Wallabies: Refs targeting our scrum
Wallabies: Refs targeting our scrumSHARE
Wallaby coach Ewen McKenzie believes referees are being unfair to his team and should not be penalising their misfiring scrum as often as they do.
McKenzie has not just spat the dummy, but also fired off a lengthy submission to the International Rugby Board, demanding answers for what he claims to be unfair treatment of the Wallaby scrum.
Australian media outlets are reporting that McKenzie's outburst and submission to the IRB is an attempt to change the perception that the Wallaby scrum remains a wobbly set piece that fold like a proverbial deck of cards under pressure.
Most pundits are adamant that Australia's set-remains its biggest Achilles heel, but McKenzie staunchly believes it's continued to be harshly adjudicated by Test officials due to history and perception.
A former tighthead prop, who played 51 Tests, the Wallaby coach was incensed by what he saw as blatant inconsistencies by Irish referee George Clancy in last weekend's 13-20 loss to England.
McKenzie was pleased overall with how his scrum confronted the English, particularly on their own feed, but was flabbergasted they copped seven penalties.
He and scrum coach Andrew Blades, another former Test front row forward, went over each scrum with a fine tooth comb in their analysis and feels they need to tackle the issue head on.
"I know a fair bit about the scrum, more than most, so I know what was going on, and I've made a submission [to the IRB]," McKenzie told a media scrum in Turin ahead of Saturday's clash with Italy.
"I actually thought we did some good stuff out there. The referee didn't think we did some good stuff, but I actually thought we did, so we will address that through the official channels.
"It's down to matters of consistent interpretation.
"I haven't got my mind around the fact you can win your own scrum ball cleanly and you get seven scrum penalties against you and they [England] get none.
"It defies some logic there."
"It's a matter of opinion and the guy in the middle is closer to the action, but I'm just looking to understand that dynamic. We'll find out when they get back to me."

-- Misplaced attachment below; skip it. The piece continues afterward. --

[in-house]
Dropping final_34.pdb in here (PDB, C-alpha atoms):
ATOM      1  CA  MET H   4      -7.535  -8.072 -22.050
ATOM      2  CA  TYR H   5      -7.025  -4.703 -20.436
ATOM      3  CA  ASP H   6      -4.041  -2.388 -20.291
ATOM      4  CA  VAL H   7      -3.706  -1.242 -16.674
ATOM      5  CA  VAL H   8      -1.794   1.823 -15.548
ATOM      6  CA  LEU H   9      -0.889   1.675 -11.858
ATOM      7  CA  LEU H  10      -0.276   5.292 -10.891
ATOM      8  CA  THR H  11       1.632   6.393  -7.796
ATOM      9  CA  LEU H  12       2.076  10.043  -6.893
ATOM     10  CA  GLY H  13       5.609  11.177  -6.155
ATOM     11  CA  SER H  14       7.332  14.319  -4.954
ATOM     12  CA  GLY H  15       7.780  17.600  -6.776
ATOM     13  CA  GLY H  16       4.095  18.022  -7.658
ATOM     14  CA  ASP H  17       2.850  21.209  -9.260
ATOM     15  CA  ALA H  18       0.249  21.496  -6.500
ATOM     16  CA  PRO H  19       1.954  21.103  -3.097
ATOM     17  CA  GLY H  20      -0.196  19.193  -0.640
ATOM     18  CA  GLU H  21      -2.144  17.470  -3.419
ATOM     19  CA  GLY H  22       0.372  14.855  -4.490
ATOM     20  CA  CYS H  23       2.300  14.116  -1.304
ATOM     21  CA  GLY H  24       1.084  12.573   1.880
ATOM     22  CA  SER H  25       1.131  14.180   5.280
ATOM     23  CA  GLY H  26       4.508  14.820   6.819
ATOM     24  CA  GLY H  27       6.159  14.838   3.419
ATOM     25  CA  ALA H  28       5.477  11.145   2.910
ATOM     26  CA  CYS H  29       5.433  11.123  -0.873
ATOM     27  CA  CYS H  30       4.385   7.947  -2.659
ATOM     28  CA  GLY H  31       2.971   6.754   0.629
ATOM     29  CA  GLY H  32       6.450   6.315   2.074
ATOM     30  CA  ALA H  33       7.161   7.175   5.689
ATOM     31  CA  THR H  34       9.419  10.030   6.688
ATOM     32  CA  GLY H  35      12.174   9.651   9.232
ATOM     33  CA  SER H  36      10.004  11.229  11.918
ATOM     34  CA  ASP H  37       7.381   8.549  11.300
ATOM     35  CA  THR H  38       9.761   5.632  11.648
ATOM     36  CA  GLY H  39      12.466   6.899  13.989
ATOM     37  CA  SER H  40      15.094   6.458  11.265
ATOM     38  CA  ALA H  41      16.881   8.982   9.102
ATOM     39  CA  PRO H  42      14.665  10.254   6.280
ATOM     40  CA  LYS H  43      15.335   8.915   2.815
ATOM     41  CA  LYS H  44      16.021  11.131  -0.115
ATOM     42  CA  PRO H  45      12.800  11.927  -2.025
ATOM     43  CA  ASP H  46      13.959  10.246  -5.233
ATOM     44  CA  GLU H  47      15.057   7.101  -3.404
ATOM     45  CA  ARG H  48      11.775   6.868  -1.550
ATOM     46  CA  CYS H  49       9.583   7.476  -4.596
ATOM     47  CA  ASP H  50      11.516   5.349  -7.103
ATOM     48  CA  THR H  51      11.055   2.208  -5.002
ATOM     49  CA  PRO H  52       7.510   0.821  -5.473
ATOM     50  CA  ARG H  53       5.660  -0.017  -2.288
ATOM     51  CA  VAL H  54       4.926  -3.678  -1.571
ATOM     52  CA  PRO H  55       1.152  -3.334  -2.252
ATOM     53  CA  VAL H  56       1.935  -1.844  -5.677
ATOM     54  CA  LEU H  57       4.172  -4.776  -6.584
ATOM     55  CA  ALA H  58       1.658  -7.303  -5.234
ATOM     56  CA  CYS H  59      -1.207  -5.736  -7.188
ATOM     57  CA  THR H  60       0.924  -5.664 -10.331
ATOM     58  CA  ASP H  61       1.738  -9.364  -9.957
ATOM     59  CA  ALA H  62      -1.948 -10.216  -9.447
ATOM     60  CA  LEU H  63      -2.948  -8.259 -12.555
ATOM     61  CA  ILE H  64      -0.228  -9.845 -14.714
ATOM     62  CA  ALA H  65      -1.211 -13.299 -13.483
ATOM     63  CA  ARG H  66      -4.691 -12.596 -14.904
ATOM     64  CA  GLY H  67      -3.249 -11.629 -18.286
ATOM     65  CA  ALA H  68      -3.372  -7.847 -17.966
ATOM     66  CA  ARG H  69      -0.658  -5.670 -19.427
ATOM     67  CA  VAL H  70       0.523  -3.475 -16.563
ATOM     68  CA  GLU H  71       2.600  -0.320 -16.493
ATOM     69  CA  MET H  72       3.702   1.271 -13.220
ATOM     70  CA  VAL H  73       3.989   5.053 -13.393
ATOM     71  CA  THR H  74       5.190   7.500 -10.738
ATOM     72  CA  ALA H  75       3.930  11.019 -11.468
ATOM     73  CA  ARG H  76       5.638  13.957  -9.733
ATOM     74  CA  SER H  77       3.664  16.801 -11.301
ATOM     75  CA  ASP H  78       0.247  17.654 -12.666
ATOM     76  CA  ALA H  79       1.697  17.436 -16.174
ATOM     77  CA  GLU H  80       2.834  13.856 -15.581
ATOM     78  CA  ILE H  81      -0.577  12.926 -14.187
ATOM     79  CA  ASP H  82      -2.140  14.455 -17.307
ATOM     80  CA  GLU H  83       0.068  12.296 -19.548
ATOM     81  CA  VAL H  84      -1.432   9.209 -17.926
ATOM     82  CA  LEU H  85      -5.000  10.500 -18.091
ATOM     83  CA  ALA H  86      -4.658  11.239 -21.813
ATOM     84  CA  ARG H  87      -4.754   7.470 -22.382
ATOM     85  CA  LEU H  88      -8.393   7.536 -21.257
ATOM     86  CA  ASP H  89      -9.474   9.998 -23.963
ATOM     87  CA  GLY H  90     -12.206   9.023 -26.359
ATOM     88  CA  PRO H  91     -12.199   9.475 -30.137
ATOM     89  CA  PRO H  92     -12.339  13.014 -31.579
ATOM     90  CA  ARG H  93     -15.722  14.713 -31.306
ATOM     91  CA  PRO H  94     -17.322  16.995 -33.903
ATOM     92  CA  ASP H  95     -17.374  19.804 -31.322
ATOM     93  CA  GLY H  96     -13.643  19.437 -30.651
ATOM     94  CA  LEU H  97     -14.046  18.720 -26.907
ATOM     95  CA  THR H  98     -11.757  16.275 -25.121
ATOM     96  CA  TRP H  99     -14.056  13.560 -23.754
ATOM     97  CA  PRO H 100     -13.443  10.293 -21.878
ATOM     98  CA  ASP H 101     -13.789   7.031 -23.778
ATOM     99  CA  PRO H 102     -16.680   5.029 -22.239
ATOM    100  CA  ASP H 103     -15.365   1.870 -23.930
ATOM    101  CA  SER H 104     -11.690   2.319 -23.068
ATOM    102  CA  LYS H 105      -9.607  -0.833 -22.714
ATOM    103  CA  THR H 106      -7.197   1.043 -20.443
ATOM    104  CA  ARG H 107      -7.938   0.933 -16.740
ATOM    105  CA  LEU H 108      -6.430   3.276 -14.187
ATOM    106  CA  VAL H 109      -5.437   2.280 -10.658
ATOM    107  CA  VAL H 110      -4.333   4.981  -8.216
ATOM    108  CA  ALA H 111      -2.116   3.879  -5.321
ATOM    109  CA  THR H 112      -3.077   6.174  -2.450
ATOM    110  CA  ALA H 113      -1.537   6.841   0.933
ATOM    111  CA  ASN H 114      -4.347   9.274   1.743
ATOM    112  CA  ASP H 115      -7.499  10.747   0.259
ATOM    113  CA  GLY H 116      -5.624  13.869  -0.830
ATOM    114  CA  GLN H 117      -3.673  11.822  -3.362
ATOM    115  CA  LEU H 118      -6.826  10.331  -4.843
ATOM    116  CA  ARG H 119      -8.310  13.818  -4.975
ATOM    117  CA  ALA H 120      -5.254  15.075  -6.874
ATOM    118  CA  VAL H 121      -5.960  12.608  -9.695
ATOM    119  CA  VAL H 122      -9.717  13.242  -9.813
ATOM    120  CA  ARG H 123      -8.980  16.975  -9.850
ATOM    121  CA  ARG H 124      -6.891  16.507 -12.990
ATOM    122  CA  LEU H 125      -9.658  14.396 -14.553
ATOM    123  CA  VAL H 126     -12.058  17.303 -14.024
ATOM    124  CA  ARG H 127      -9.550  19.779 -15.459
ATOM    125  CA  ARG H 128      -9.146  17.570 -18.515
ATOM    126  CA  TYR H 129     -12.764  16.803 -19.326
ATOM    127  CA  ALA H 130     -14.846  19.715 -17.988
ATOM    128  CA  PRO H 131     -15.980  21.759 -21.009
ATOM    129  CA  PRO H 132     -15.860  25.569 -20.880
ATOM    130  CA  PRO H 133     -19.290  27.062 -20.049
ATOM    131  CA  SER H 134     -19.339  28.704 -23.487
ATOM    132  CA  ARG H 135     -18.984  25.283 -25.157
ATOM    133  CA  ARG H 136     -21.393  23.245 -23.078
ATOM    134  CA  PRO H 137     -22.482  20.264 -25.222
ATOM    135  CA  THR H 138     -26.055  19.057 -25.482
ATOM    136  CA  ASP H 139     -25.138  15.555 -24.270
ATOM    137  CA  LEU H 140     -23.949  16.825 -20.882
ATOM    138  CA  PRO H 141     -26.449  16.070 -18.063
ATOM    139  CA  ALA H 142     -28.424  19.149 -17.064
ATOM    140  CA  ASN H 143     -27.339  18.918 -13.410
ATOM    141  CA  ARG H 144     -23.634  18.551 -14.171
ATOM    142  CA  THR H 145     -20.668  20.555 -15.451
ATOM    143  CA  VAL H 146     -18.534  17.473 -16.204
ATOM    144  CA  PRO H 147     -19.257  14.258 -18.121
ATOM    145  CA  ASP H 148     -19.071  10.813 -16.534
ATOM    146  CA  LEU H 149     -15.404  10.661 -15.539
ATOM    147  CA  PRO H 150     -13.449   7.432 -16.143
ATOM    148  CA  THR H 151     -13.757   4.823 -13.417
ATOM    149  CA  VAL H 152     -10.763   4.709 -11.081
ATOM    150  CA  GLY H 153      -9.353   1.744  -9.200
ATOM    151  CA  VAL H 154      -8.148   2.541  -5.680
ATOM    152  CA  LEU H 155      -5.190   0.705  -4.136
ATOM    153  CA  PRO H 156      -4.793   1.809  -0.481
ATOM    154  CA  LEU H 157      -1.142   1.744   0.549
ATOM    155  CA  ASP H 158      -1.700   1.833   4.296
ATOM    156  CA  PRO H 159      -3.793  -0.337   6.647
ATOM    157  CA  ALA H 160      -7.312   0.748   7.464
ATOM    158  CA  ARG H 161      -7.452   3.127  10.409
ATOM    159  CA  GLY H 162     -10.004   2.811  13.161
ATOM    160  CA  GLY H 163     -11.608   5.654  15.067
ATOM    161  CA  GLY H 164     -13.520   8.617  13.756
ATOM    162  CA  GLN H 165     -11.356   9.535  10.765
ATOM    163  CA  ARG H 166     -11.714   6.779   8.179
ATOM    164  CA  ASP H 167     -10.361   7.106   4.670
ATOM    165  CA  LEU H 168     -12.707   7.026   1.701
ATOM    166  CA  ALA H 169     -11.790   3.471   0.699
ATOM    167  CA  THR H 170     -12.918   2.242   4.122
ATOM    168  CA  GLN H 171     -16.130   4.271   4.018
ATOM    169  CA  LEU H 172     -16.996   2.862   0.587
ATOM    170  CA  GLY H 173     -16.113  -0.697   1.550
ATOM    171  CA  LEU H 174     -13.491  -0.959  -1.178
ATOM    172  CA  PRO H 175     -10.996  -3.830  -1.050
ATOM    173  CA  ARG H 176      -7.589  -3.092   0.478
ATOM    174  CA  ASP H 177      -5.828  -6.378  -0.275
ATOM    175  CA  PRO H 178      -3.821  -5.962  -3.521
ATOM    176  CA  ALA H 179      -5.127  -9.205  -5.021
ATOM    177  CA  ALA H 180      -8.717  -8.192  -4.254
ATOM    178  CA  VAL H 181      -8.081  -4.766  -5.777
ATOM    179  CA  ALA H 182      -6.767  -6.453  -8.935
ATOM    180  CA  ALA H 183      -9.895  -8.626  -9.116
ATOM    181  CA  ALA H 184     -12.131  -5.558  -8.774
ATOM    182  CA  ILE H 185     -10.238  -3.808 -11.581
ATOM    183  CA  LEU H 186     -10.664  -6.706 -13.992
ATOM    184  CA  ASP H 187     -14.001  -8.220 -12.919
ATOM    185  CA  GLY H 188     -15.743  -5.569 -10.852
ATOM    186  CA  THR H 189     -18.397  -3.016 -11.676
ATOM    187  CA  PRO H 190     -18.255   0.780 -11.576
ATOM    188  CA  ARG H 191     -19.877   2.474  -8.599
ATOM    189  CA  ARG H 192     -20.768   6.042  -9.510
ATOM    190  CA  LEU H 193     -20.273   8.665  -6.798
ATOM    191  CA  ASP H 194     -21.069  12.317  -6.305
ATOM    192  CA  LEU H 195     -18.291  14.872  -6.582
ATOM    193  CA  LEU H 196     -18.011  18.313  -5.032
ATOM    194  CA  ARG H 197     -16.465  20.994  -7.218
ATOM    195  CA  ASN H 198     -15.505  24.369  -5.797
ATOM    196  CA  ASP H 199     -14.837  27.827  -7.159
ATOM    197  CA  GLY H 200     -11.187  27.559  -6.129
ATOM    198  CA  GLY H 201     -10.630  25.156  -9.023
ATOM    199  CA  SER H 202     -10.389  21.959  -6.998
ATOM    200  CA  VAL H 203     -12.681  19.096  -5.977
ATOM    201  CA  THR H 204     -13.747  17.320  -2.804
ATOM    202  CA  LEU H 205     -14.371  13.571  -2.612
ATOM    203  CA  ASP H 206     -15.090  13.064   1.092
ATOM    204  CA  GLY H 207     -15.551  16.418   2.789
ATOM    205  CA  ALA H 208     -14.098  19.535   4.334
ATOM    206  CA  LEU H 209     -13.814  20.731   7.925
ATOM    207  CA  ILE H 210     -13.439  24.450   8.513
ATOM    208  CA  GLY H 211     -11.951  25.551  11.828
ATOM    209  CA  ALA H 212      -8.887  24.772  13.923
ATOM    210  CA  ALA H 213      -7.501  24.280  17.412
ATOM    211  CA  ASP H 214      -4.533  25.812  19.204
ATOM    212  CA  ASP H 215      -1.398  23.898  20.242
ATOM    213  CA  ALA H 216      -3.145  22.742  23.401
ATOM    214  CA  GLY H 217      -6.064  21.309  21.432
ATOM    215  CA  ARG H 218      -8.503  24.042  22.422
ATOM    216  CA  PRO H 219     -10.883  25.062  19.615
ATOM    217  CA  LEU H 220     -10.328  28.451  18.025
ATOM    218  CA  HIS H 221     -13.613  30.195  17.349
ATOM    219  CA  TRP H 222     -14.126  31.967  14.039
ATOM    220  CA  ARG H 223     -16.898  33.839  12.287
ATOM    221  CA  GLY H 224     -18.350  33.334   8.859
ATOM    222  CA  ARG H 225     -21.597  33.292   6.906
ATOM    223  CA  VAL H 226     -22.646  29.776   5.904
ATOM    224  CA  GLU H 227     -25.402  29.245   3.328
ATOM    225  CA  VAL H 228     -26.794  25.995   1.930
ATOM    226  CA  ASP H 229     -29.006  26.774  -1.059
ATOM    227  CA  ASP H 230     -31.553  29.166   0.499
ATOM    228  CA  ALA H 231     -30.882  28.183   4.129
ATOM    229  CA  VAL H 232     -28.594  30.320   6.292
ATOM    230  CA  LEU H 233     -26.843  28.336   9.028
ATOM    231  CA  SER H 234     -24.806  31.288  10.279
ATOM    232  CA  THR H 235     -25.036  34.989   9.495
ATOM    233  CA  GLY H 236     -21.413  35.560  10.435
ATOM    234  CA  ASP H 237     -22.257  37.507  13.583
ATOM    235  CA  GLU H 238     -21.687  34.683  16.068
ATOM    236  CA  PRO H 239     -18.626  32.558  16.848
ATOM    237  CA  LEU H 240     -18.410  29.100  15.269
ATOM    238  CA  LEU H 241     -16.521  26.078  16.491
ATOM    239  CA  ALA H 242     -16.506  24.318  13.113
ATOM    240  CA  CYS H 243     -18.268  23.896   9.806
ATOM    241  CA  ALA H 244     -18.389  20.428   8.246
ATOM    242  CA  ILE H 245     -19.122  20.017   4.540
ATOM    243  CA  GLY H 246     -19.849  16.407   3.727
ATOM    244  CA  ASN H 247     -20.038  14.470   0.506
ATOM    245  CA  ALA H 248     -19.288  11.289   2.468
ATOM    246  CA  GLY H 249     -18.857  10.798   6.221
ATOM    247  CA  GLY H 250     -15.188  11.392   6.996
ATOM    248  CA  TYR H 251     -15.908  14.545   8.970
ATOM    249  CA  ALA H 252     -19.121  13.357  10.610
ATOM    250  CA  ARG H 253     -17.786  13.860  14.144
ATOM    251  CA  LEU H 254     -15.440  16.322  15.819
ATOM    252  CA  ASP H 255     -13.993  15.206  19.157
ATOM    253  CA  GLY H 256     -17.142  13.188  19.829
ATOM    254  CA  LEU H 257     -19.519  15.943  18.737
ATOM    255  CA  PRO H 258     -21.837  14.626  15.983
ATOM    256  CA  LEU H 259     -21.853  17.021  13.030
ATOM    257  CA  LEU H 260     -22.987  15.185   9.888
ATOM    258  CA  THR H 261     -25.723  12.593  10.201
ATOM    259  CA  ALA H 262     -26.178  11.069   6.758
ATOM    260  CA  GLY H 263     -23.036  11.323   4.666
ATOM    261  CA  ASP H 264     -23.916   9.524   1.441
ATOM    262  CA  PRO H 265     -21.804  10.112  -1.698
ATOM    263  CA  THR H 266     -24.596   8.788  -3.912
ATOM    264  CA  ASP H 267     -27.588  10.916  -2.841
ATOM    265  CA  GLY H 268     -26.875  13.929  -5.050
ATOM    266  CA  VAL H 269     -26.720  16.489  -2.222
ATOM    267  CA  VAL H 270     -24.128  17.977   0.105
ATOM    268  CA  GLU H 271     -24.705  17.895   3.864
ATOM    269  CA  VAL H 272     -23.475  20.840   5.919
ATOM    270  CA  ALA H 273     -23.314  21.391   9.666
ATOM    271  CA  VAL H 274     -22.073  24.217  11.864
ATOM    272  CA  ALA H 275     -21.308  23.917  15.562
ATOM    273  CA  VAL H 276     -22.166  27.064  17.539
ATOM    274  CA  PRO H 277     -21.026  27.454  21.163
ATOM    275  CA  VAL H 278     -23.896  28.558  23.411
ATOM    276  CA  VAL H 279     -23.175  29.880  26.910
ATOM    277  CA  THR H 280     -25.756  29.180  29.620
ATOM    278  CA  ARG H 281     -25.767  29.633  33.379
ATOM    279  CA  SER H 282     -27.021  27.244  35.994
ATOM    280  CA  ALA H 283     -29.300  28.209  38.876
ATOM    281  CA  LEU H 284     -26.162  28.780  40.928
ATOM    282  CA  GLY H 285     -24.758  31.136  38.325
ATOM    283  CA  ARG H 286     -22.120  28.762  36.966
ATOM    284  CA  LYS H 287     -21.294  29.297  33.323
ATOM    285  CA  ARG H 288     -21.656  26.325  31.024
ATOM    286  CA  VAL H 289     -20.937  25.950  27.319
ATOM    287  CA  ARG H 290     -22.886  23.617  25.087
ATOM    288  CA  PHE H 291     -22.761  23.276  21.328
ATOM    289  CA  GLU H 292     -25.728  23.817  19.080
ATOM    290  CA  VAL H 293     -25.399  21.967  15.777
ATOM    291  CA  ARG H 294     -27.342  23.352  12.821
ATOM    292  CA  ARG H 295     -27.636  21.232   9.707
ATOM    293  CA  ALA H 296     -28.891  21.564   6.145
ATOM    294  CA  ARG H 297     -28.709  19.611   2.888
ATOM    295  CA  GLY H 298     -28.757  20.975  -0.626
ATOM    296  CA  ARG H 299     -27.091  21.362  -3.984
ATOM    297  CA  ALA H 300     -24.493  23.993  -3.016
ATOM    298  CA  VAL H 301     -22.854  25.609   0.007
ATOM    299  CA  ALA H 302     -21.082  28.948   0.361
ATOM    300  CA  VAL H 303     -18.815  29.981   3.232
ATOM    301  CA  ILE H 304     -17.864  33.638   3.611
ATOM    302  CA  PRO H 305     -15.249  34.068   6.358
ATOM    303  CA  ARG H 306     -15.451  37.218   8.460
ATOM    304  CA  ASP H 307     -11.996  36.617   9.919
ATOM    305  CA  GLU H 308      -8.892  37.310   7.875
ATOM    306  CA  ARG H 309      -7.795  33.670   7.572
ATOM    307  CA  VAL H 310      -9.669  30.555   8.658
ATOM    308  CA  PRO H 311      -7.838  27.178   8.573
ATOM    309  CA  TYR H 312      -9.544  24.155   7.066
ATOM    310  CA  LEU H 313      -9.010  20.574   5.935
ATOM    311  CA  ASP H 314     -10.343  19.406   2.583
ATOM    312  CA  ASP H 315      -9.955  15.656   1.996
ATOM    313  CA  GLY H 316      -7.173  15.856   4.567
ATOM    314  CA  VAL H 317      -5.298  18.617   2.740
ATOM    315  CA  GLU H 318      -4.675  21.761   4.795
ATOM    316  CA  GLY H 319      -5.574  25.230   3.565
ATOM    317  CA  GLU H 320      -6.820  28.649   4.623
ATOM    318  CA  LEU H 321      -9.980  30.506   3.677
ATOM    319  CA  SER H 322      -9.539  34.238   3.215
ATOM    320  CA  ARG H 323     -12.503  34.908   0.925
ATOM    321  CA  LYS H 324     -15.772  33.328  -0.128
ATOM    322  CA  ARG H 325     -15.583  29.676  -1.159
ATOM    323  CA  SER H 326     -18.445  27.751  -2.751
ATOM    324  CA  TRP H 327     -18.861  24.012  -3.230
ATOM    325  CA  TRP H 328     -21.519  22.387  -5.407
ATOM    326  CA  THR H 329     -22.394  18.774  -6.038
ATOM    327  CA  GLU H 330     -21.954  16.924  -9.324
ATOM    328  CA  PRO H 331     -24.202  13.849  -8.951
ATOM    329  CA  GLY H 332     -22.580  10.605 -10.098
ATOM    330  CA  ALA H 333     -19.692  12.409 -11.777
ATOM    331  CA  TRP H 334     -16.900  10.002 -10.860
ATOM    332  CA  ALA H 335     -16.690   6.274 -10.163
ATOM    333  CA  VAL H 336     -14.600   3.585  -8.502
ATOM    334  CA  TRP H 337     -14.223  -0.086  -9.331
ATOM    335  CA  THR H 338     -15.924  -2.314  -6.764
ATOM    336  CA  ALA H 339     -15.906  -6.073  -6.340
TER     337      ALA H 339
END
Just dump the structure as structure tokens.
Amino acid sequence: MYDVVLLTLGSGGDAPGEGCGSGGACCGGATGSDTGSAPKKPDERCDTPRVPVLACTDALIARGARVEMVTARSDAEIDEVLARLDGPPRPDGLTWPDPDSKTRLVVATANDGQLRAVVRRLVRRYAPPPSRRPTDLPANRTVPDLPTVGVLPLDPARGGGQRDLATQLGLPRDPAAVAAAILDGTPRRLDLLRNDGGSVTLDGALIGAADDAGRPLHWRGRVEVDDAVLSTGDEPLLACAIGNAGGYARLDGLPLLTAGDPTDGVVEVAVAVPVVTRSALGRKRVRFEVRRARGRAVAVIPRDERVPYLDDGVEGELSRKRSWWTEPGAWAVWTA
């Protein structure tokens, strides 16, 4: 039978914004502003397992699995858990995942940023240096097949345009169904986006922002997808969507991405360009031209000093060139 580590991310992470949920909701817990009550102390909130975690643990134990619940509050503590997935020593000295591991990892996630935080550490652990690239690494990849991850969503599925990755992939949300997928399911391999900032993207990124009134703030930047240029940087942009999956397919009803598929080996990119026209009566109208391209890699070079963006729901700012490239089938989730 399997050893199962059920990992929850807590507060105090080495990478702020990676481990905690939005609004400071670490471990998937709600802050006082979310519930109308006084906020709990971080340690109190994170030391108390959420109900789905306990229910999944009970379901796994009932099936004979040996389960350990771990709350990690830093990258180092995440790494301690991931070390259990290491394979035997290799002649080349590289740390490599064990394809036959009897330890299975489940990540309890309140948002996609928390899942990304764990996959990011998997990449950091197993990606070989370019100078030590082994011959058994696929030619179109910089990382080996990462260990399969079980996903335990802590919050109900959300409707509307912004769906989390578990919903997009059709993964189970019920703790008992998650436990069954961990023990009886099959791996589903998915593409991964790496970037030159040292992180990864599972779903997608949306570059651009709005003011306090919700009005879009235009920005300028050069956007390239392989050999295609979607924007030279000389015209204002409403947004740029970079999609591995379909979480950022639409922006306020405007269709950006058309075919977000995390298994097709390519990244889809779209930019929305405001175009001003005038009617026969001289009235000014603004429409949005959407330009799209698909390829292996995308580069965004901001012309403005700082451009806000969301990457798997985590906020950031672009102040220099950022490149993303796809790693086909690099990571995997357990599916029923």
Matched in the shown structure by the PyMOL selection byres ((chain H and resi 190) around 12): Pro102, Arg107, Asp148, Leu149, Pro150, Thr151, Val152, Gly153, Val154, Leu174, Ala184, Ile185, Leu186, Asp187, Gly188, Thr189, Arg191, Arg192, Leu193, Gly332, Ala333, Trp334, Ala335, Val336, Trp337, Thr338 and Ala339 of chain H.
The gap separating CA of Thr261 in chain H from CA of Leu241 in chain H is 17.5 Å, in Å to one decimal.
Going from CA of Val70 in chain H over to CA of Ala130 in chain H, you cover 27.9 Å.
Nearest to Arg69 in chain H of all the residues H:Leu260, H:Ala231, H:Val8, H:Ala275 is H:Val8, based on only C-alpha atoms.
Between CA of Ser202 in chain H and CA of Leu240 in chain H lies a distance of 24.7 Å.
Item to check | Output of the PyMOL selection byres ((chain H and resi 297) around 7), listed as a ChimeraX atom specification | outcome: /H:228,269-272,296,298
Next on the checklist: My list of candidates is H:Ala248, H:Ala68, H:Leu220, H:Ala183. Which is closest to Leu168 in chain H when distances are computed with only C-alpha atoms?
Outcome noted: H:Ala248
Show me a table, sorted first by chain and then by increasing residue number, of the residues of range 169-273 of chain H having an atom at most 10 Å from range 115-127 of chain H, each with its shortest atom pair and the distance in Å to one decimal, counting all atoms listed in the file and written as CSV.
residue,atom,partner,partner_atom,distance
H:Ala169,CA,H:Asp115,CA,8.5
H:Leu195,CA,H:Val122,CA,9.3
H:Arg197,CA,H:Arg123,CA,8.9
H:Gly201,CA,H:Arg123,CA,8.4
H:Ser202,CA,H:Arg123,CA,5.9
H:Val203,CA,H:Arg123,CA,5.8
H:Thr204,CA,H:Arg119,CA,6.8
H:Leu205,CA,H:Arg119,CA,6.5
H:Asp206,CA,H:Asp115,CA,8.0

The lowest points of Australia's professional era have always come with poor scrummaging displays, highlighted by the 2005 and 2007 demolitions by England at Twickenham and Marseille, respectively.
The Wallabies have struggled to adapt to the new soft-engagement laws since they were introduced in August and that has significantly contributed to their dreadful 3-8 win-loss record this year.
McKenzie – who has stuck by his front row of James Slipper, Stephen Moore and Ben Alexander – feels his pack has improved throughout the season but is haunted by perception.
"If you're seeing a penalty for one thing and then later in the game seeing the same thing happen on the other side and the penalty still goes against you then you go 'what's going on here?'," he said.
"You clearly have to have a good day at the office but we are actually doing some good things there but we are not getting any reward there."
Against England, the Wallabies did set a stronger platform on their attacking scrums, which had been their main worry as the hooker now has to strike with his foot, disrupting the push.
"The initial communication that I sent has been acknowledged that there was, even on outset, some inconsistencies and they would have to get back to us," McKenzie said.
"Perception definitely comes into it. If you see a penalty for one thing and then later in the game you see the same thing happen from the other side, but the penalty is still against you, you think 'what is going on here'," he said.
"Myself and Bladesy look at things in extraordinary detail and we also know the capabilities of the players we've got. We know what they're like at scrum and we also know what they contribute to the total game.
"Even with [lock Rob Simmons moving to No.6], it will support the scrum and front row, more than detract from it. So we are looking at it from a technical point of view but we have to look at it from an interpretation point of view, because they're things that are frustrating. The technical part has been improving but how we're assessed is the area I'm chasing at the moment."
"I've got to be accountable to the court of public opinion and so does everyone else," he said.
"I get that the whole business is human and that our players are making mistakes, and so is the opposition, so I don't expect a perfect outcome in any game, but I do look at the critical moments where things turn around. If you say nothing, nothing happens. It's more inquisitive than critical, it's more saying could you explain this so we understand."
An IRB spokesman said feedback from coaches was standard.
"The IRB operates a thorough feedback and performance review process for all Test match appointments, which incorporates coach feedback, the referee's performance reviewer feedback and feedback from the match officials themselves," the spokesman said.
"It is a standard process and underscores our continued commitment to clear and consistent officiating."
Sources: Sydney Morning Herald and AAP
* Have a look at the scrum analysis!